When I woke up in the morning, I wasn’t planning on spending part of the day in a courtroom. But, just before lunch, with a few hours in the afternoon free, I decided to figure out what was going on in bankruptcy court that day and, if possible, sit in on a few proceedings. I went to the website for the United States Bankruptcy Court For the District of Arizona and determined there were a few proceedings scheduled for 1:30 that afternoon. So, I did what any wanna-be bankruptcy scholar would do, I got in the car and drove downtown to the courthouse.
Parking in downtown Phoenix is a nightmare and it’s expensive. Although the garage charged $1 for every 20 minutes, I figured it was a bargain considering what I might learn observing court. Even a domestic beer costs $3 at a cheap bar, and I figured an hour of bankruptcy court observation was better for my health. Ok, I wasn’t certain but I thought it was possible.
As I walked through the front doors of the building that is home to the court, I approached the security booth and metal detectors. I told the two guards I was a recent law school graduate and here to listen to some “bankruptcy stuff.” They laughed and asked me exactly what I wanted to hear, informed me that the Bankruptcy Appellate Panel was in town for one day and one day only, and that it was my lucky day. Three hearings would start in an hour.
I was surprised how friendly the guards were and how much they knew. In the past day, after speaking with other lawyers, I have learned it’s that way in many courts around the country. I asked the guards whether they had a lot of visitors attend court on a regular basis and was notified that it was usually only the parties involved, and an occasional law student, but that, by and large, they received no outside visitors. I was surprised not many aspiring bankruptcy practitioners would take the initiative to attend court. Especially in downtown Phoenix, a metro area that is home to 5 million people (the 5th largest city in the country) and that covers 600 square miles (bigger than Los Angeles). What a great resource, free of charge. I can’t imagine many that might be better.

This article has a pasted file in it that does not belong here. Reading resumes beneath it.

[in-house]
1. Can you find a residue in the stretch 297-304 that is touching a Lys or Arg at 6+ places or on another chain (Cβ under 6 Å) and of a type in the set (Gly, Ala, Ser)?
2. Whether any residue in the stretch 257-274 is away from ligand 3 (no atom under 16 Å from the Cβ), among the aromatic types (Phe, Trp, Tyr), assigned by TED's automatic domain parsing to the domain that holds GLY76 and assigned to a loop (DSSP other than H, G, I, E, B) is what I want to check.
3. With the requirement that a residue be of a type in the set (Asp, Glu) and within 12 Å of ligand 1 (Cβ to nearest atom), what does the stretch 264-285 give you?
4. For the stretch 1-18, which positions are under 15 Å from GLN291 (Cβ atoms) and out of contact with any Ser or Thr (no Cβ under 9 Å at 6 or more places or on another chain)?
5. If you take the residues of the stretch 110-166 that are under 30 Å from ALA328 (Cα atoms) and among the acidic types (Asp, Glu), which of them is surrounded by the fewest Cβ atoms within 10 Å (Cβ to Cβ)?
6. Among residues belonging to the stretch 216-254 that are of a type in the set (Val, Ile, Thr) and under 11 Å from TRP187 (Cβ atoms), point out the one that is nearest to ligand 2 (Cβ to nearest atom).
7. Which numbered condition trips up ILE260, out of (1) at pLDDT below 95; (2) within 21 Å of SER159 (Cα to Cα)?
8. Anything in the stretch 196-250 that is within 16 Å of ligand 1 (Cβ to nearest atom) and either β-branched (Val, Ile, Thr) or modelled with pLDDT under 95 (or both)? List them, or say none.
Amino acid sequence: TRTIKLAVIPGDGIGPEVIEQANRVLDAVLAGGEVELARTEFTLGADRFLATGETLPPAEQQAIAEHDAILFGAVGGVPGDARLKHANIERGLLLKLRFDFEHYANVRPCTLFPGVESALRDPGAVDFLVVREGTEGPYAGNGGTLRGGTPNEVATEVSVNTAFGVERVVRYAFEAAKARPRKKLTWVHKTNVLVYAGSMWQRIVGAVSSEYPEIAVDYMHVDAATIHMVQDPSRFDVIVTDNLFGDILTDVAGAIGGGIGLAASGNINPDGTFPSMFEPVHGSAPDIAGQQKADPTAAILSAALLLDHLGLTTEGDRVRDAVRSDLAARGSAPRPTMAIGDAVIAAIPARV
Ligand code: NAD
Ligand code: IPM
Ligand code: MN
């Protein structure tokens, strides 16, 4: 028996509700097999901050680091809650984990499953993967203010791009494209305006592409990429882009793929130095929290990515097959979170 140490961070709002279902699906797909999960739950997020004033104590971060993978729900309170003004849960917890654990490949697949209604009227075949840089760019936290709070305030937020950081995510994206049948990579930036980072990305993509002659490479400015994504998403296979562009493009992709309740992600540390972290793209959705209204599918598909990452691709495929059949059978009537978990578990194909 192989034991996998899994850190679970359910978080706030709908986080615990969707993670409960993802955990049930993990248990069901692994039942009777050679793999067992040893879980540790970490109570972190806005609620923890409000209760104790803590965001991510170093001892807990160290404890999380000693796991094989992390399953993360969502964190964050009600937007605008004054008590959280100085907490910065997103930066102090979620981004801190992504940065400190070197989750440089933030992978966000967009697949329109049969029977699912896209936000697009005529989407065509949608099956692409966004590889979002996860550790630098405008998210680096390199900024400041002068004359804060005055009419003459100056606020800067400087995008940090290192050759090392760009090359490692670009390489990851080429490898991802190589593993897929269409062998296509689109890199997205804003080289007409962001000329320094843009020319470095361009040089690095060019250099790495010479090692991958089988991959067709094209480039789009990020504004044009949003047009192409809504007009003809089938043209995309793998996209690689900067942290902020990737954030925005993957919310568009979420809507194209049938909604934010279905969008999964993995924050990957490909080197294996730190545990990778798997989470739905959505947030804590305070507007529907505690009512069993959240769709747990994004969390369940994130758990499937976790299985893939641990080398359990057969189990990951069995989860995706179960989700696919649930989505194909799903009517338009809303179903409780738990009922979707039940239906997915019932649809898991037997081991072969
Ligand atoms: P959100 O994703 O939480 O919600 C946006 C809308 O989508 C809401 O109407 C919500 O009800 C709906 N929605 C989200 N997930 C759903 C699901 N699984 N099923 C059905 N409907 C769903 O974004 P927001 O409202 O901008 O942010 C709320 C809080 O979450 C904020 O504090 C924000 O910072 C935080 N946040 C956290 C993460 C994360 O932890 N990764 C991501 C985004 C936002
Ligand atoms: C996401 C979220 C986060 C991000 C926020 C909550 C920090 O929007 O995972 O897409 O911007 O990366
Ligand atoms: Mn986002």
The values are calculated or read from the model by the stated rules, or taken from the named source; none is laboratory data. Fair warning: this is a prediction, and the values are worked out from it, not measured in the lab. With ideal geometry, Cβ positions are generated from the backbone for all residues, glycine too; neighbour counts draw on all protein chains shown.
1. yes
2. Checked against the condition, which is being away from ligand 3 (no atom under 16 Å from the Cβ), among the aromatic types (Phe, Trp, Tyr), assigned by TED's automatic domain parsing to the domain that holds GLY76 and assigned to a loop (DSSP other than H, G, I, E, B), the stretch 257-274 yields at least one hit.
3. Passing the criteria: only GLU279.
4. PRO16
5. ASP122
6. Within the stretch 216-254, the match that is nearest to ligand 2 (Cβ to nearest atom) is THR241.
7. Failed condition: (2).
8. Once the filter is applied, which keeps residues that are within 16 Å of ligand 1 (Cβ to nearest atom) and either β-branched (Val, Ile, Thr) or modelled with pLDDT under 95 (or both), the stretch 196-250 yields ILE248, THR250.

As I waited in the hallway outside the courtroom for the hearings to start, a woman came out of the court room to check the operability of the doors. One of the two doors wouldn’t open, so she hoped the court’s attendees would figure out to use the other door. We made some small talk and she told me she was the clerk for the BAP, that they are based out of Pasadena and have no court room, they’re sort of a floating court with no home. She was very kind and engaging, and I definitely felt welcome being there.
I entered the court room about twenty minutes before the time scheduled for the first hearing. The lawyers and other parties subsequently trickled in and shortly after the clock struck 2:00 the first case was quickly underway. The Appellant was given 15 minutes to argue his case, the Appellee 15 minutes to argue his, and each was given the opportunity to reserve time to respond, typically 5 minutes.
The hearings went like clockwork. As the parties argued their respective positions, they were peppered with questions from the judges. As a spectator sitting in the back of the room, and as a know-nothing, soon-to-be lawyer, the process seemed expeditious but not necessarily easy. Most of the lawyers knew their cases cold but were probed by the judges on both small factual details and also larger policy issues. The three hearings – varying widely in subject matter and including cases on dischargability, bankruptcy court jurisdiction, and lien priority – were over in under two hours. Times flies when you are having fun.
Sitting in on court was enjoyable and I plan on doing it again, perhaps regularly. I believe it’s an invaluable resource to aspiring bankruptcy lawyers who want to learn at the highest level. After all, cases are in court because there are disputed issues and they’re important enough to the parties that they litigate them. One of the cases on appeal, concerning a debtor hindering creditor collection efforts and consequently losing his discharge, was litigated for four days in the lower court. I would encourage other aspiring practitioners to sit in on any bankruptcy proceedings that they are able to. I don’t think there are too many, if any, better uses of your educational time.
Mr. Malik is a law student at Creighton University in Omaha, Nebraska. Prior to law school, Mr. Malik worked in real estate private equity and investing banking for various firms in New York and Washington, D.C.